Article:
There has been no thought given to the Irish border problem and no formal answer to Nicola Sturgeon’s options paper delivered to Number Ten last December. The Welsh First Minister, Carwyn Jones summed up the problem succinctly after Theresa May’s Cardiff visit last month; “She doesn’t understand devolution”. Happily though most European states do. So while London’s Brexit focus is finding fixes to let the City of London, Nissan, and the car industry keep operating inside the EU – and to win the next election – the EU and its member nations will insist on a fairer process that requires the negotiation not imposition of deals.
That’s why the current stooshie over Gibraltar may not be as serious as the horrified British press are making out.
The tiny territory at the entrance to the Mediterranean hurtled into the news last week when the EU’s guidelines for Brexit negotiations suggested Spain should be given a power of veto over future arrangements. Perhaps Spain was egged on by the absence of a special mention for the Rock in Theresa May’s Brexit letter. But if British interest in Gibraltar is equivocal, the attitude of the Gibraltarians is not.
In a 2002 referendum, they rejected even partial Spanish sovereignty. Since then Spain has not disputed that Gibraltar is legally a British territory.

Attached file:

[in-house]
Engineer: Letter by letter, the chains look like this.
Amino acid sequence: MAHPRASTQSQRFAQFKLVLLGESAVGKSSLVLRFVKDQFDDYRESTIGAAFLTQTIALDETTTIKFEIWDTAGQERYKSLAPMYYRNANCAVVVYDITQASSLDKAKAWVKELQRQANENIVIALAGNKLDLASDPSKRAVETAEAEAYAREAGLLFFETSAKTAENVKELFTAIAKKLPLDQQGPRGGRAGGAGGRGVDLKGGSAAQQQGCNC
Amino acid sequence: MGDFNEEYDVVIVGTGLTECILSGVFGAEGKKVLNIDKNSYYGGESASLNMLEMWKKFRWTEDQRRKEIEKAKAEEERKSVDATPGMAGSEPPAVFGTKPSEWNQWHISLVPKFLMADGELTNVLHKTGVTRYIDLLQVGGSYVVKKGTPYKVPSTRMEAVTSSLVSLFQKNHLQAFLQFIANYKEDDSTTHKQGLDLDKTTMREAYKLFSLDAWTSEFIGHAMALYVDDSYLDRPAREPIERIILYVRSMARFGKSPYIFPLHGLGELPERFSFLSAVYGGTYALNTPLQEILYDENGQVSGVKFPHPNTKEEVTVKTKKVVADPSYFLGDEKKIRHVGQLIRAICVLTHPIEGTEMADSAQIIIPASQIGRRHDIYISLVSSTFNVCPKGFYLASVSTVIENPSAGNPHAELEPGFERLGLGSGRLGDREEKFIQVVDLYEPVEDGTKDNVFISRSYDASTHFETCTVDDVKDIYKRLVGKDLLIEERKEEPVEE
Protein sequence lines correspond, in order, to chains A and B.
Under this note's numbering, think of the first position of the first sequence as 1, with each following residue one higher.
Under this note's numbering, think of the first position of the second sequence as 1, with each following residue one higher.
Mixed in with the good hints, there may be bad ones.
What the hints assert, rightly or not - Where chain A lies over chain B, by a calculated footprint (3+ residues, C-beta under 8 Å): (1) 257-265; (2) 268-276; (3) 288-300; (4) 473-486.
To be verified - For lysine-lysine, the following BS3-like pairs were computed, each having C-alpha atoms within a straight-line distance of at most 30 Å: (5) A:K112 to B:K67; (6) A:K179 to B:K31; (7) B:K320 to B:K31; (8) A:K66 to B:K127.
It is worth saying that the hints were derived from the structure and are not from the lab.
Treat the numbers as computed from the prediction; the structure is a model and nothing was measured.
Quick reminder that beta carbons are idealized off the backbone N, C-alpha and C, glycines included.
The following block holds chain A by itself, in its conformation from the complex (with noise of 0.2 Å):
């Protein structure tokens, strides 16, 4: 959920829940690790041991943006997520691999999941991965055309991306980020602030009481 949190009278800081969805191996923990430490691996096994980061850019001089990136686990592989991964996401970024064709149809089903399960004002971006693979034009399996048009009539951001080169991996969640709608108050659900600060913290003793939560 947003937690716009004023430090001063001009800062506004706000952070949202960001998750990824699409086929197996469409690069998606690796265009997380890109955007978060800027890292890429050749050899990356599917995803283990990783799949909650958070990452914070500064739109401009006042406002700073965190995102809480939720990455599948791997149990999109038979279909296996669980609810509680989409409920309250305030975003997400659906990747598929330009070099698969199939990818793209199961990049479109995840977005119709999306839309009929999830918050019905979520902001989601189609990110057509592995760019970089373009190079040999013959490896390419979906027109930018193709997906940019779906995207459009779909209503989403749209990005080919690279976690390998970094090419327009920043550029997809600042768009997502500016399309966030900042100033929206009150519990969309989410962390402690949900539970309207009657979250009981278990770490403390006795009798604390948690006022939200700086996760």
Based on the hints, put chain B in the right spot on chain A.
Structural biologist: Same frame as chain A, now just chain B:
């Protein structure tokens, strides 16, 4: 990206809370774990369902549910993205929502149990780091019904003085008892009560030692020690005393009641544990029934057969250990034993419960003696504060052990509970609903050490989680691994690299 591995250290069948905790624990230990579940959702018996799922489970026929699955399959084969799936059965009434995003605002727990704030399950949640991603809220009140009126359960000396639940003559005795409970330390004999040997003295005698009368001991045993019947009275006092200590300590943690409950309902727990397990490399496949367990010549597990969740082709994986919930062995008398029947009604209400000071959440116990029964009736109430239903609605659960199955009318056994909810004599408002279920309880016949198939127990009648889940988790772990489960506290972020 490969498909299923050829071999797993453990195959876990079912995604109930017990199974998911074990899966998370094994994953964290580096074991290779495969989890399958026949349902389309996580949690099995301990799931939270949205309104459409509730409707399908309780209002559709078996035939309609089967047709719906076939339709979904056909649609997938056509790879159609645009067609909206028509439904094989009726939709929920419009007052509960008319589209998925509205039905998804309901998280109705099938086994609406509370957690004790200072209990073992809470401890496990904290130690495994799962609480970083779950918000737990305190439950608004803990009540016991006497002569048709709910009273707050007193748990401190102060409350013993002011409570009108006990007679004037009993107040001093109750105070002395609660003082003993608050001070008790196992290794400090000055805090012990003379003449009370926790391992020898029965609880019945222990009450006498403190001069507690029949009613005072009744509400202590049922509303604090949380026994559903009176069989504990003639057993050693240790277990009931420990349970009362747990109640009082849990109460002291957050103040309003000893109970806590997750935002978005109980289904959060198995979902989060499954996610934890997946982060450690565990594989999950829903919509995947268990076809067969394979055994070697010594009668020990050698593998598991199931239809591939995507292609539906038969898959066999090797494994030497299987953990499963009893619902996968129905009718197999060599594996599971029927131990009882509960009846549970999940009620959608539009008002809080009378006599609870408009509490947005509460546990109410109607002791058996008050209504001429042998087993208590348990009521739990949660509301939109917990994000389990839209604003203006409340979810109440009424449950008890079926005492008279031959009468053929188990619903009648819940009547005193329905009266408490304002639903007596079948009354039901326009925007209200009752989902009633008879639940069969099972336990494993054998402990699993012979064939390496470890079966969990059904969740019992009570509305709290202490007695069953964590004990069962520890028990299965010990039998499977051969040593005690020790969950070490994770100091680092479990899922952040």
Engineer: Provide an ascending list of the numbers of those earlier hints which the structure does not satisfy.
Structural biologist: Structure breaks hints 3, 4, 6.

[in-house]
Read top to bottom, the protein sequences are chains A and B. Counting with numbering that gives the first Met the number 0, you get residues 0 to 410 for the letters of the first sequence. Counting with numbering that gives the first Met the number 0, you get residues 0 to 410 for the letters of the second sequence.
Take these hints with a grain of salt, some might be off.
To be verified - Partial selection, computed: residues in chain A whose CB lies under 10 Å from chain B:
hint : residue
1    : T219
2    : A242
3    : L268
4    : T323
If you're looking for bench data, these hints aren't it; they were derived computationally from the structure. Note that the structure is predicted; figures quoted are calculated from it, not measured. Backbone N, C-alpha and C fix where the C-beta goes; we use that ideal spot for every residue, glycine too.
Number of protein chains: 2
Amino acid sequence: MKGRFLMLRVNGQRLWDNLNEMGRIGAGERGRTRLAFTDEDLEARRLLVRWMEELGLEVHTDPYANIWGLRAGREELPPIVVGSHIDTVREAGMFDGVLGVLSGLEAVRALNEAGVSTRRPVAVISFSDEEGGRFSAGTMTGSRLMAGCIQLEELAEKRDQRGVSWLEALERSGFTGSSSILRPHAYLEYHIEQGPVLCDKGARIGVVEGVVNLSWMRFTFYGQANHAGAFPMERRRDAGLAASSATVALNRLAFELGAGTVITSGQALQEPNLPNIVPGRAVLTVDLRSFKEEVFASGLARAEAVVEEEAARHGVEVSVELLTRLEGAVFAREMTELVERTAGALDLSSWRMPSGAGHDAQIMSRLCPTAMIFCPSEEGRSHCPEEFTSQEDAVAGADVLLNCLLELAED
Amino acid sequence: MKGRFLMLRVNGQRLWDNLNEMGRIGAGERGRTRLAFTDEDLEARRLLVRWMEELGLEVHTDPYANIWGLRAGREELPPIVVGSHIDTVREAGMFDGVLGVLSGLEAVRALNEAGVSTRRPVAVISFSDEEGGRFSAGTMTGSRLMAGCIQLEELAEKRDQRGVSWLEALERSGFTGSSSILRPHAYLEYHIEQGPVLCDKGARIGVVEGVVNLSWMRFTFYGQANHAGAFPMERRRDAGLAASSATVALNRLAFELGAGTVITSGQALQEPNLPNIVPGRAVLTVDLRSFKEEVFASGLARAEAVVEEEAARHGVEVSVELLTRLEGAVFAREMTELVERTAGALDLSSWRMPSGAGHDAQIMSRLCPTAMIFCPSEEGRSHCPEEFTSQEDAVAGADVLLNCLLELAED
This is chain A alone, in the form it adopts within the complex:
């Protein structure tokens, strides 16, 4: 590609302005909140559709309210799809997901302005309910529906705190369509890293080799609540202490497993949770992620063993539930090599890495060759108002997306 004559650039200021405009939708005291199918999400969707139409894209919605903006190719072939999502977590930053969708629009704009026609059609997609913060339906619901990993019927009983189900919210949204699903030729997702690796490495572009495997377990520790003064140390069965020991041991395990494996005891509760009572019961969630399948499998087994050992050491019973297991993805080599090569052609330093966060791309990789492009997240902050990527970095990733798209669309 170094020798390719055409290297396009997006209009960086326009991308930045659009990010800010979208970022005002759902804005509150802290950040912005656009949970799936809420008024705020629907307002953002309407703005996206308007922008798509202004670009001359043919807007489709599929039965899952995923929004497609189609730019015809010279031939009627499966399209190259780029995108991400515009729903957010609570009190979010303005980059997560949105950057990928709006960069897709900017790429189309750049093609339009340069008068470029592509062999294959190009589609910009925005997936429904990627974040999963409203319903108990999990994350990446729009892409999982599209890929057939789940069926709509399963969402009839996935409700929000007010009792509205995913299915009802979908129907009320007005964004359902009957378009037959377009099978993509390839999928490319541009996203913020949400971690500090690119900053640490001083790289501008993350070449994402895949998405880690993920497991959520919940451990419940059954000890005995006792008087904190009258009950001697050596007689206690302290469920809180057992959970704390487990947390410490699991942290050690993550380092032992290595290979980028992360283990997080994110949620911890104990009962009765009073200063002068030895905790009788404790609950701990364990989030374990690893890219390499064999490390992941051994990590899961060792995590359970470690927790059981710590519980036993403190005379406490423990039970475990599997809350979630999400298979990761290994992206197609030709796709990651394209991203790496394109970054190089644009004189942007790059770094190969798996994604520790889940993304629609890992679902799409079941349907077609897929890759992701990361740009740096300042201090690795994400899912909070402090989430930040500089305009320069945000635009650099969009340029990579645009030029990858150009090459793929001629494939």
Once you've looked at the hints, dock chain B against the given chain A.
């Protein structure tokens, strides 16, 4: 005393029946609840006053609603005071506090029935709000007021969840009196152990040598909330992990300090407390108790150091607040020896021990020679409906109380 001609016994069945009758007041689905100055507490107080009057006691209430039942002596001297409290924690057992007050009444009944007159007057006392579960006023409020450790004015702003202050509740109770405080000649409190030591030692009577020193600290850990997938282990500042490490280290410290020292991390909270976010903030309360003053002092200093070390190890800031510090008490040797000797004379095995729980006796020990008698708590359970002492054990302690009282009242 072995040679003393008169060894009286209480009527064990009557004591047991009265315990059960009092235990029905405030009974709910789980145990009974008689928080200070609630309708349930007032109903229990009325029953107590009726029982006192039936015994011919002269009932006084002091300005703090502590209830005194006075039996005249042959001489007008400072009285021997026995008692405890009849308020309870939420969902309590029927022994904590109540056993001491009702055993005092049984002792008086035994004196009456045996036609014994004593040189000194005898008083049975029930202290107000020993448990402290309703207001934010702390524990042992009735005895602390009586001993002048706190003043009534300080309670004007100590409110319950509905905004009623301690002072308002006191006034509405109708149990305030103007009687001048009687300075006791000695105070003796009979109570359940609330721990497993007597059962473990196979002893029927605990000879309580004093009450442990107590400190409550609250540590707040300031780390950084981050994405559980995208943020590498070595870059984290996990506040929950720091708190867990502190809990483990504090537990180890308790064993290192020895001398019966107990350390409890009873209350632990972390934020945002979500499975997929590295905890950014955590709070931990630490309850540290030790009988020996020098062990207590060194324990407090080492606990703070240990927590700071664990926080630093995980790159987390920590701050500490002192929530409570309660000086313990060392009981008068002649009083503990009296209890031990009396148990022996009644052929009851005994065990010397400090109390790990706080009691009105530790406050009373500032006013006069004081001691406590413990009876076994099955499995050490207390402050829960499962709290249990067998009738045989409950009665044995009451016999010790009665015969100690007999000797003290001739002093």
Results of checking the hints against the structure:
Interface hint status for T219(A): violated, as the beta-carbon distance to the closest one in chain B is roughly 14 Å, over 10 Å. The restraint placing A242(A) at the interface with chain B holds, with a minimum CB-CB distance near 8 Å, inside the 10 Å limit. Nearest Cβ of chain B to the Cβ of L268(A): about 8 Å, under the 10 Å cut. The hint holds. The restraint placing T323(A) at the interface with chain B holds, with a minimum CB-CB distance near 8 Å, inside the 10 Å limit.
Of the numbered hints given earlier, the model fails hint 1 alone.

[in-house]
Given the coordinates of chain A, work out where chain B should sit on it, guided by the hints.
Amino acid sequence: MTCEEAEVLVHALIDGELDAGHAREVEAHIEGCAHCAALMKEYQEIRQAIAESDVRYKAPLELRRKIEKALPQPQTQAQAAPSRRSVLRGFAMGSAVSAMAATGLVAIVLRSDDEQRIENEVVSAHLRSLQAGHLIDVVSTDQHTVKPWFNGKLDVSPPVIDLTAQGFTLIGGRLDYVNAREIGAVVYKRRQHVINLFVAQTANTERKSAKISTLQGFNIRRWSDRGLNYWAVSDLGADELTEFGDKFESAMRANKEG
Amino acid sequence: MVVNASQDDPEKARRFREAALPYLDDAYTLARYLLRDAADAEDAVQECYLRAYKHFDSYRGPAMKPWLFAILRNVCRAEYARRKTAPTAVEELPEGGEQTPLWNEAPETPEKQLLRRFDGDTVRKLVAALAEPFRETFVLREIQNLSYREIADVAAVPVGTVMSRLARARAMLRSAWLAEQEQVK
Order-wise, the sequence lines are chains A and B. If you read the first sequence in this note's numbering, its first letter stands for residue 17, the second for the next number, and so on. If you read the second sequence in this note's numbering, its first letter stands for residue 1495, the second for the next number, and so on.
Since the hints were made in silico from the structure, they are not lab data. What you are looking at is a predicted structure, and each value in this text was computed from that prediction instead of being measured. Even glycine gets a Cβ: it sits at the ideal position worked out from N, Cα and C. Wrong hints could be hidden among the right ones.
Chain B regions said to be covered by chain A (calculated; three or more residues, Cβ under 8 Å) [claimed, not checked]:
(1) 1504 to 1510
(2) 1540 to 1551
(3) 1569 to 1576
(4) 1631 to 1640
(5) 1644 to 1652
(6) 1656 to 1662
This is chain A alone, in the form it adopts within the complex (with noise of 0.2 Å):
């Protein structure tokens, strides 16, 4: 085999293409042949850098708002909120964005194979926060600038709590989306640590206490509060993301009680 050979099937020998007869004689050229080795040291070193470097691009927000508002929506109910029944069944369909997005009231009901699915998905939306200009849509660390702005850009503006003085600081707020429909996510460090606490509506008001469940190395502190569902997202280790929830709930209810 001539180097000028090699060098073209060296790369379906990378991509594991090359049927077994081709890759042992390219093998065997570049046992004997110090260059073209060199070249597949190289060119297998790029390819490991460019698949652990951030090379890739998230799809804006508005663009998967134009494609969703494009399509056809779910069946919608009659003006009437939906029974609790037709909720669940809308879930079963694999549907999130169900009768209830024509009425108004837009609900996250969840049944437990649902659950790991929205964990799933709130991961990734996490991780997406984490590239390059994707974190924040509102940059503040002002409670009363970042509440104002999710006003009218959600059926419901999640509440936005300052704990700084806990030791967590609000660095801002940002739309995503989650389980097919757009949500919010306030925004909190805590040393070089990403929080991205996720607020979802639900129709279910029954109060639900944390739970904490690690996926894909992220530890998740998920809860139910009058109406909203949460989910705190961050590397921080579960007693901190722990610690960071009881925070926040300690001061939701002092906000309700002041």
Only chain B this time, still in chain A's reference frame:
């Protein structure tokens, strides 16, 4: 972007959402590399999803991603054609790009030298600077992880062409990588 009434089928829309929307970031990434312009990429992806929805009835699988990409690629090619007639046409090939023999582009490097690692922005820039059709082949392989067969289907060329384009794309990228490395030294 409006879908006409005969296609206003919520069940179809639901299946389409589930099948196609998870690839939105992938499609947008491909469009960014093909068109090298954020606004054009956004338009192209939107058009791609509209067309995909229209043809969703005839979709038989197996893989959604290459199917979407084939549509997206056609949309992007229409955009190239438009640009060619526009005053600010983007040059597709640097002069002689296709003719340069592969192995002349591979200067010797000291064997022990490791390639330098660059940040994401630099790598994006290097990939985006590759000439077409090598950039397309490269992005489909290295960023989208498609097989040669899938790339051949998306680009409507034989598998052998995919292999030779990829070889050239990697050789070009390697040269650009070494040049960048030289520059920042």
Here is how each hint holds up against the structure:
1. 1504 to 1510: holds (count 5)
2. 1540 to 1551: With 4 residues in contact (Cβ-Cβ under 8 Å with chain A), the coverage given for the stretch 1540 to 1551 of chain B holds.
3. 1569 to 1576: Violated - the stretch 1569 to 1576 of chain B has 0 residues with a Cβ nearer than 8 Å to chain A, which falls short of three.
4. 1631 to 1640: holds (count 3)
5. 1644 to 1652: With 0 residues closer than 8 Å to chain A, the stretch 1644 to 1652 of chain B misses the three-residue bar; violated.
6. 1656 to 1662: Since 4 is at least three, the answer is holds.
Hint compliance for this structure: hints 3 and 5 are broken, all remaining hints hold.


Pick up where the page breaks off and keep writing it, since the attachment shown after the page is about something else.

Of course, General Franco did close the 1.2 kilometre border in 1969 and it didn’t fully reopen until February 1985 after decades of disruption.
So perhaps this flexing of Spanish muscle is a knee-jerk response from a power, which has been as imperial in its territorial ambitions as Britain itself. Who knows yet.
But one thing is certain.
The way this dispute is handled matters hugely to the 30,000 folk on the Rock. So it behoves the British to get off their warhorses and tread carefully in negotiations. It also might be an idea for the Gibraltarians to consider whether a different partner than either Spain or the UK might soon be necessary to take responsibility for “external relations” within the EU.
Gibraltar has a hugely powerful parliament of its own – indeed the idea of “saving” poor wee Gibraltar is completely wrong.